The Lives of the Poets of Great Britain and Ireland Volume II Part 9

You’re reading novel The Lives of the Poets of Great Britain and Ireland Volume II Part 9 online at LightNovelFree.com. Please use the follow button to get notification about the latest chapter next time when you visit LightNovelFree.com. Use F11 button to read novel in full-screen(PC only). Drop by anytime you want to read free – fast – latest novel. It’s great if you could leave a comment, share your opinion about the new chapters, new novel with others on the internet. We’ll do our best to bring you the finest, latest novel everyday. Enjoy!

Footnotes: 1. Gond. b. iii. cant. 3. stanz. 31.

2. Athen. Oxon. vol. ii, col. 412.

3. Histories Tragiques, Tom. IV. No. XIX.

HENRY KING, Bishop of Chichester,

The eldest son of Dr. John King lord bishop of London, whom Winstanley calls a person well fraught with episcopal qualities, was born at Wornal in Bucks, in the month of January 1591. He was educated partly in grammar learning in the free school at Thame in Oxfords.h.i.+re, and partly in the College school at Westminster, from which last he was elected a student in Christ Church 1608[1], being then under the tuition of a noted tutor. Afterwards he took the degrees in arts, and entered into holy orders, and soon became a florid preacher, and successively chaplain to King James I. archdeacon of Colchester, residentiary of St. Paul's cathedral, canon and dean of Rochester, in which dignity he was installed the 6th of February 1638. In 1641, says Mr. Wood, he was made bishop of Chichester, being one of those persons of unblemished reputation, that his Majesty, tho' late, promoted to that honourable office; which he possessed without any removal, save that by the members of the Long Parliament, to the time of his death.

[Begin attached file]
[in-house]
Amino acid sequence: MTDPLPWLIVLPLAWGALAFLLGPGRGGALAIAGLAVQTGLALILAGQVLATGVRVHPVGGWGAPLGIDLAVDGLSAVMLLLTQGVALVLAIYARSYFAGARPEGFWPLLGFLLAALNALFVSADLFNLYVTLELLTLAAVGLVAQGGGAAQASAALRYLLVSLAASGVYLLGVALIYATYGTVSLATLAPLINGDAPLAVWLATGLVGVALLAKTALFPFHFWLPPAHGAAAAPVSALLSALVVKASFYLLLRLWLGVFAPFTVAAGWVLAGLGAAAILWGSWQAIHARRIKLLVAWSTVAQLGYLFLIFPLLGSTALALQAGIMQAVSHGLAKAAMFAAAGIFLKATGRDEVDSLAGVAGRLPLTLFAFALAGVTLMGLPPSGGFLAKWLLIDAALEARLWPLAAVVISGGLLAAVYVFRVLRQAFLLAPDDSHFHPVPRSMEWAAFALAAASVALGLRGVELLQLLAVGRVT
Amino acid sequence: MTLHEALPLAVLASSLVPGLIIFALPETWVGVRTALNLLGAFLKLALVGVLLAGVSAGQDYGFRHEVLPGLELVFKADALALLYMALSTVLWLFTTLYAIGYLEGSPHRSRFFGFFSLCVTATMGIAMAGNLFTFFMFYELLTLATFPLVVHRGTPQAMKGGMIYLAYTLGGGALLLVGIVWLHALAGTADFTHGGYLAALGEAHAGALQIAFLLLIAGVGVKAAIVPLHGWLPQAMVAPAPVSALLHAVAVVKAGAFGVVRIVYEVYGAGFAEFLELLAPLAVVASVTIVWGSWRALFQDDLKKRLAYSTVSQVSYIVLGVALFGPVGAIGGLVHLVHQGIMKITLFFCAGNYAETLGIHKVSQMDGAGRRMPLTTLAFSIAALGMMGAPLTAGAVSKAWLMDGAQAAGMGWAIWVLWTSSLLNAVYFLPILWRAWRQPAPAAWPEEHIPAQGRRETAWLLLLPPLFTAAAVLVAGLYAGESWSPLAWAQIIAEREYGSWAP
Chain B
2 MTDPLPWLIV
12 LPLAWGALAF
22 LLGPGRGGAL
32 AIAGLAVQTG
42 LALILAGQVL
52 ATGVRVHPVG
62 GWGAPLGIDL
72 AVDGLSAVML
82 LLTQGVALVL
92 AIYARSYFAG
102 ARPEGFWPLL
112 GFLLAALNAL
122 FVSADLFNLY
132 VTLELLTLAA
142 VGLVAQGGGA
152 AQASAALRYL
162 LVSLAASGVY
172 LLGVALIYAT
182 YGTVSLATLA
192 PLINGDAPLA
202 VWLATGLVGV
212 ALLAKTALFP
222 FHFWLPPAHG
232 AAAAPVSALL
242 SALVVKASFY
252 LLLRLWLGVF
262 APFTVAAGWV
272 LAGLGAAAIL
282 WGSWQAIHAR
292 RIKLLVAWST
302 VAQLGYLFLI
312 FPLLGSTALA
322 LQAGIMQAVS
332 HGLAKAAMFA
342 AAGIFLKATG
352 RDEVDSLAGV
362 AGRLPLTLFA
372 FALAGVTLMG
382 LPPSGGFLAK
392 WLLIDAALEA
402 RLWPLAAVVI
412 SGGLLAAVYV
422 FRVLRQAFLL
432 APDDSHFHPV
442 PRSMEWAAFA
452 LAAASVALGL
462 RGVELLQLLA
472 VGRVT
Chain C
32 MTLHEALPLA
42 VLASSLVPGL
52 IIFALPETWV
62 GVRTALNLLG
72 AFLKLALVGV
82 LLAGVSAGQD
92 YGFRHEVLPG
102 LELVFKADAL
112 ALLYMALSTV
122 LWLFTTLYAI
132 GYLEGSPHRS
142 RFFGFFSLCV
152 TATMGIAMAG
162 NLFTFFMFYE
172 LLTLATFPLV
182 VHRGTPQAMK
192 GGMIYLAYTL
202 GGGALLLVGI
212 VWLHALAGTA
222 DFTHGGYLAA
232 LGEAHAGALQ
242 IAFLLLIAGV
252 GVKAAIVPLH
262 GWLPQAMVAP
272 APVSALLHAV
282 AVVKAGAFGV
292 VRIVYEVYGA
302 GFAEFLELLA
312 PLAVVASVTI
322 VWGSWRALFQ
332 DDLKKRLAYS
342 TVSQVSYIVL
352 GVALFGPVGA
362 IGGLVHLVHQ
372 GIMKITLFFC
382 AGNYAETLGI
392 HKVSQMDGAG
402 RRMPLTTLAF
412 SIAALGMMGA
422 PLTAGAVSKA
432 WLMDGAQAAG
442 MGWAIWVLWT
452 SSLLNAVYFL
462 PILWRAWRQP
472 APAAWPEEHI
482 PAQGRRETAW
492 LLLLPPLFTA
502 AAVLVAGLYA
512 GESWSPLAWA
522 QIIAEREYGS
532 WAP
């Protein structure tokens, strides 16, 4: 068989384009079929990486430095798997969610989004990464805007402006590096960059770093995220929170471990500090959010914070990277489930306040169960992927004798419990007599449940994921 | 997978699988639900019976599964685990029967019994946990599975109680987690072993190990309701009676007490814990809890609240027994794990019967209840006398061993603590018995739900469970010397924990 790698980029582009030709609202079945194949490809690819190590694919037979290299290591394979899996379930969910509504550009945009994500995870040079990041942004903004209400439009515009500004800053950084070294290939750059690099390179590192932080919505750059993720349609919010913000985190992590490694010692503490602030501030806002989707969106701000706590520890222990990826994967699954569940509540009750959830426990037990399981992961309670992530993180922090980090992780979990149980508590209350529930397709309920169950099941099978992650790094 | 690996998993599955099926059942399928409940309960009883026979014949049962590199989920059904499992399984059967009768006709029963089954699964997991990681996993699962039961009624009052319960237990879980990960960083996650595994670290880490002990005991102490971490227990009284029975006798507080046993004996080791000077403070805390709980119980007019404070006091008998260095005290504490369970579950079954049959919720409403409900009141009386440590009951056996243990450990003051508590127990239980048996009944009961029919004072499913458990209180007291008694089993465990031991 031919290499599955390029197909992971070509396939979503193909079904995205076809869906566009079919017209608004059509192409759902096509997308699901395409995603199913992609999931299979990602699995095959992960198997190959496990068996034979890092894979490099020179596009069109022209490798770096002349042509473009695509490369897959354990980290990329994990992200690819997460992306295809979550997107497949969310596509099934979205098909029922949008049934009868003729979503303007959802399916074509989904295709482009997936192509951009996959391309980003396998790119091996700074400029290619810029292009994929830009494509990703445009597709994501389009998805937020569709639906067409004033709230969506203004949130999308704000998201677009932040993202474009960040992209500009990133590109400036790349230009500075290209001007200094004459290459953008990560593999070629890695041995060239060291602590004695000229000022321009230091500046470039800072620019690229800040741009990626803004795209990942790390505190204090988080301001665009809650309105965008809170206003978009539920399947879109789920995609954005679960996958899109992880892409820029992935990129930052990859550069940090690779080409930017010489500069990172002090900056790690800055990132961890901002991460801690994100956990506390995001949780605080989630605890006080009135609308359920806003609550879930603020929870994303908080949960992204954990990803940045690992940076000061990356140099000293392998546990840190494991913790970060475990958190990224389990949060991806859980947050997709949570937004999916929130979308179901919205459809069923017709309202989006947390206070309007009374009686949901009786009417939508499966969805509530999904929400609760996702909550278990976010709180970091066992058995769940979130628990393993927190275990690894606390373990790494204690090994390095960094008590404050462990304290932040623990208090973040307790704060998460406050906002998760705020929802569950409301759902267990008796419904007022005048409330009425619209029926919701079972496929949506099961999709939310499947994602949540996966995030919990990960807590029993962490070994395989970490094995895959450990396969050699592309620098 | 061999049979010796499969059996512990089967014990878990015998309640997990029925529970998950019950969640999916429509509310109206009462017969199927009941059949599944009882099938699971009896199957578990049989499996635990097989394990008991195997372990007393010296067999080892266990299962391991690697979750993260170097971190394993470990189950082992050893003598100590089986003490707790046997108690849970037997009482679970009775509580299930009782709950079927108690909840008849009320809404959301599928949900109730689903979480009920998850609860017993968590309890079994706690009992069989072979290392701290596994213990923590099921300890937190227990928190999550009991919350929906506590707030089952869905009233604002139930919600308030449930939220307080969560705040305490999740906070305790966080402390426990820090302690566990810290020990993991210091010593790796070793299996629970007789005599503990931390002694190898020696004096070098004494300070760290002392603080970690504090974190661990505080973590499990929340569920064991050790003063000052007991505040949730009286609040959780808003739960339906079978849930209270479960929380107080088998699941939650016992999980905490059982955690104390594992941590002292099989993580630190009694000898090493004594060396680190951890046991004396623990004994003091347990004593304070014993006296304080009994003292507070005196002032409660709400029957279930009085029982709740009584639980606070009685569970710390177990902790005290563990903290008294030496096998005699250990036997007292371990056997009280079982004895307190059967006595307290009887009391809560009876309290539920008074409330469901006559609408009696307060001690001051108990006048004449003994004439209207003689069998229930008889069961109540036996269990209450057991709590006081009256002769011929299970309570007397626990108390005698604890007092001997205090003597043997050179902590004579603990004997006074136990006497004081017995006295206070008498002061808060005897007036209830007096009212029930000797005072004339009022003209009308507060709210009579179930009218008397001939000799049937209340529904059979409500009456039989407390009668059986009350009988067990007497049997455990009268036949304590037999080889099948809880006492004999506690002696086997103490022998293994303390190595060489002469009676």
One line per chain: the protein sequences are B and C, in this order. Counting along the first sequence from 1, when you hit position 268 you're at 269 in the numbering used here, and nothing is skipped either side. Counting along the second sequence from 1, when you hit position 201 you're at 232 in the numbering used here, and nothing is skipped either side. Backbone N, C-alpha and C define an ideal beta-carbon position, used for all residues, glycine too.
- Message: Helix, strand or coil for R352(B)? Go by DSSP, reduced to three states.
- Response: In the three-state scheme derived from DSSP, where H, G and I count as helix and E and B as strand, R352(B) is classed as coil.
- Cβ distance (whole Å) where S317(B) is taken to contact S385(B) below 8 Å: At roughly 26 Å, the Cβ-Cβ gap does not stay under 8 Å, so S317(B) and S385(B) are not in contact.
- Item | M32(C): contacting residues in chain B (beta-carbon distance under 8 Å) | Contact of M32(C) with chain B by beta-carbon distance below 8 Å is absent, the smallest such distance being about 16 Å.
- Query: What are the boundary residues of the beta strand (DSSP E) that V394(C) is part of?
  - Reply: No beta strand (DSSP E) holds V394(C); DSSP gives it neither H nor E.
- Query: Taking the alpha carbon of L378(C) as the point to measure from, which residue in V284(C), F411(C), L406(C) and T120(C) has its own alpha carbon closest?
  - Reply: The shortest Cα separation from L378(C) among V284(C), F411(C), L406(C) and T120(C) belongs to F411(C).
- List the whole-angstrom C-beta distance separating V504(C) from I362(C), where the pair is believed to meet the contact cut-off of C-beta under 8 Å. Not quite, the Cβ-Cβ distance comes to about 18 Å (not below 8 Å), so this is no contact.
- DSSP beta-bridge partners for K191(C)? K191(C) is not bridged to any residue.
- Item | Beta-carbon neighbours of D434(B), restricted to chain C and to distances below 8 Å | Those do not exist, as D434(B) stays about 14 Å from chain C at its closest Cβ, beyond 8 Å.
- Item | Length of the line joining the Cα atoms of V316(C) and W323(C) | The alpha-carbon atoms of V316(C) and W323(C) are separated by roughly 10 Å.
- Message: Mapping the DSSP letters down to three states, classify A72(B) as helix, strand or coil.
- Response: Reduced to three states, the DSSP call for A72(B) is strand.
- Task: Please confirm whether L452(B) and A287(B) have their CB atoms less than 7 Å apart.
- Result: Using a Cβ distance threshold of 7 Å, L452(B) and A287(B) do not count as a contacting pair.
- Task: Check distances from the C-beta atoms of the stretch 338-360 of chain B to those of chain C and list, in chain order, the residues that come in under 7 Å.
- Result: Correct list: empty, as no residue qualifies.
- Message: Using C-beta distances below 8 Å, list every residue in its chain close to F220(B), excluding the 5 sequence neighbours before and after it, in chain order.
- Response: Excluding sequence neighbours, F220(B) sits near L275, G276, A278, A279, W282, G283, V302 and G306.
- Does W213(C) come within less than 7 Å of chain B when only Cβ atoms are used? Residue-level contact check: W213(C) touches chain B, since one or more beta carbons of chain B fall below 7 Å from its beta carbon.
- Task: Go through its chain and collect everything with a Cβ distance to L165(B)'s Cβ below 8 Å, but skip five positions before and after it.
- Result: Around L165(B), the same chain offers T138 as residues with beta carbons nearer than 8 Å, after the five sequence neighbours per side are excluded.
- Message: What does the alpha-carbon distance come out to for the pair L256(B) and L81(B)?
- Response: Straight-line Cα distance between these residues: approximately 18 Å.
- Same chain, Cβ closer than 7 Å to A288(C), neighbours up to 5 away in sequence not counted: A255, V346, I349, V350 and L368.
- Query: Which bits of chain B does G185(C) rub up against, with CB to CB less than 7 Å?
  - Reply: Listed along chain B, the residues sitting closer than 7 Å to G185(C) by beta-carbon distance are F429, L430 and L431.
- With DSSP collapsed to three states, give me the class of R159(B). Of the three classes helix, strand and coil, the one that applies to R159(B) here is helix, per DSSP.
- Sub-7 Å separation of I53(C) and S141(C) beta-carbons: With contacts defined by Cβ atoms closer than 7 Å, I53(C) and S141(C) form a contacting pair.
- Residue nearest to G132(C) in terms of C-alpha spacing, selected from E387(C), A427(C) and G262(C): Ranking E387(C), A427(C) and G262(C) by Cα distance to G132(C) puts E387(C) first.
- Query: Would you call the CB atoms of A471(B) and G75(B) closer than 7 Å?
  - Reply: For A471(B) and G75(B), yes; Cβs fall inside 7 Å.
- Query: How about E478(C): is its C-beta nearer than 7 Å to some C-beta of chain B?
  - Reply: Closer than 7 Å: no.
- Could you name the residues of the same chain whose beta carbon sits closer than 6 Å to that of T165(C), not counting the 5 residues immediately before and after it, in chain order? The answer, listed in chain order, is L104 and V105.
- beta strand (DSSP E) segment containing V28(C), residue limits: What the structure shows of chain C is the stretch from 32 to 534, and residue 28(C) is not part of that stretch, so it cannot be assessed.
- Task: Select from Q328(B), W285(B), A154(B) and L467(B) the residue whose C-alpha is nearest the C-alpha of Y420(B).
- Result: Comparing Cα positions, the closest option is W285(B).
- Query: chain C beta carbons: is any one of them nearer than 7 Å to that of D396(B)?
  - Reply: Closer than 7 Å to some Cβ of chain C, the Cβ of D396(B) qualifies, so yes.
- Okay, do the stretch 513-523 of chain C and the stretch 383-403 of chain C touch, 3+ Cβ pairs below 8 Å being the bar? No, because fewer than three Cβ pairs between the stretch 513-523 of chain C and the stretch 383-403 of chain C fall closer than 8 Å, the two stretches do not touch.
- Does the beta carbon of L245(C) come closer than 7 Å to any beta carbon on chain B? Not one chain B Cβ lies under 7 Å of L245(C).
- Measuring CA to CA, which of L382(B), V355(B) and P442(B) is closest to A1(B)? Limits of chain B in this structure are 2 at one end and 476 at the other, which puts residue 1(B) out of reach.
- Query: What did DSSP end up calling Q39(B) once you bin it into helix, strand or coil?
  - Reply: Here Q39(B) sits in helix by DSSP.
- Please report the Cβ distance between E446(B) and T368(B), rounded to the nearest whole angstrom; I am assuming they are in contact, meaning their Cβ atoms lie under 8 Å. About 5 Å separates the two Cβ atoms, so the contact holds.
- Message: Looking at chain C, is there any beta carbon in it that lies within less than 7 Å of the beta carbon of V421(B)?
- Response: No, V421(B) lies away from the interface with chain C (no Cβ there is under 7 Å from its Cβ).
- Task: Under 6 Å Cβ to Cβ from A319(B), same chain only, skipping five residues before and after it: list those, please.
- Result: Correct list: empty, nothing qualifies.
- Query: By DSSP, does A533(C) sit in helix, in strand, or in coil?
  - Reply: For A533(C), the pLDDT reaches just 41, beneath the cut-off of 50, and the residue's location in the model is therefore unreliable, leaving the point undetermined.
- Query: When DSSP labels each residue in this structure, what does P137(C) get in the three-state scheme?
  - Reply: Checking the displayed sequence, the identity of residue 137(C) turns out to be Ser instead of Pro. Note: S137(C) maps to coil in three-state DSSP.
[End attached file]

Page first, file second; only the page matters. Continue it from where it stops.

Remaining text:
When he was young he delighted much in the study of music and poetry, which with his wit and fancy made his conversation very agreeable, and when he was more advanced in years he applied himself to oratory, philosophy, and divinity, in which he became eminent.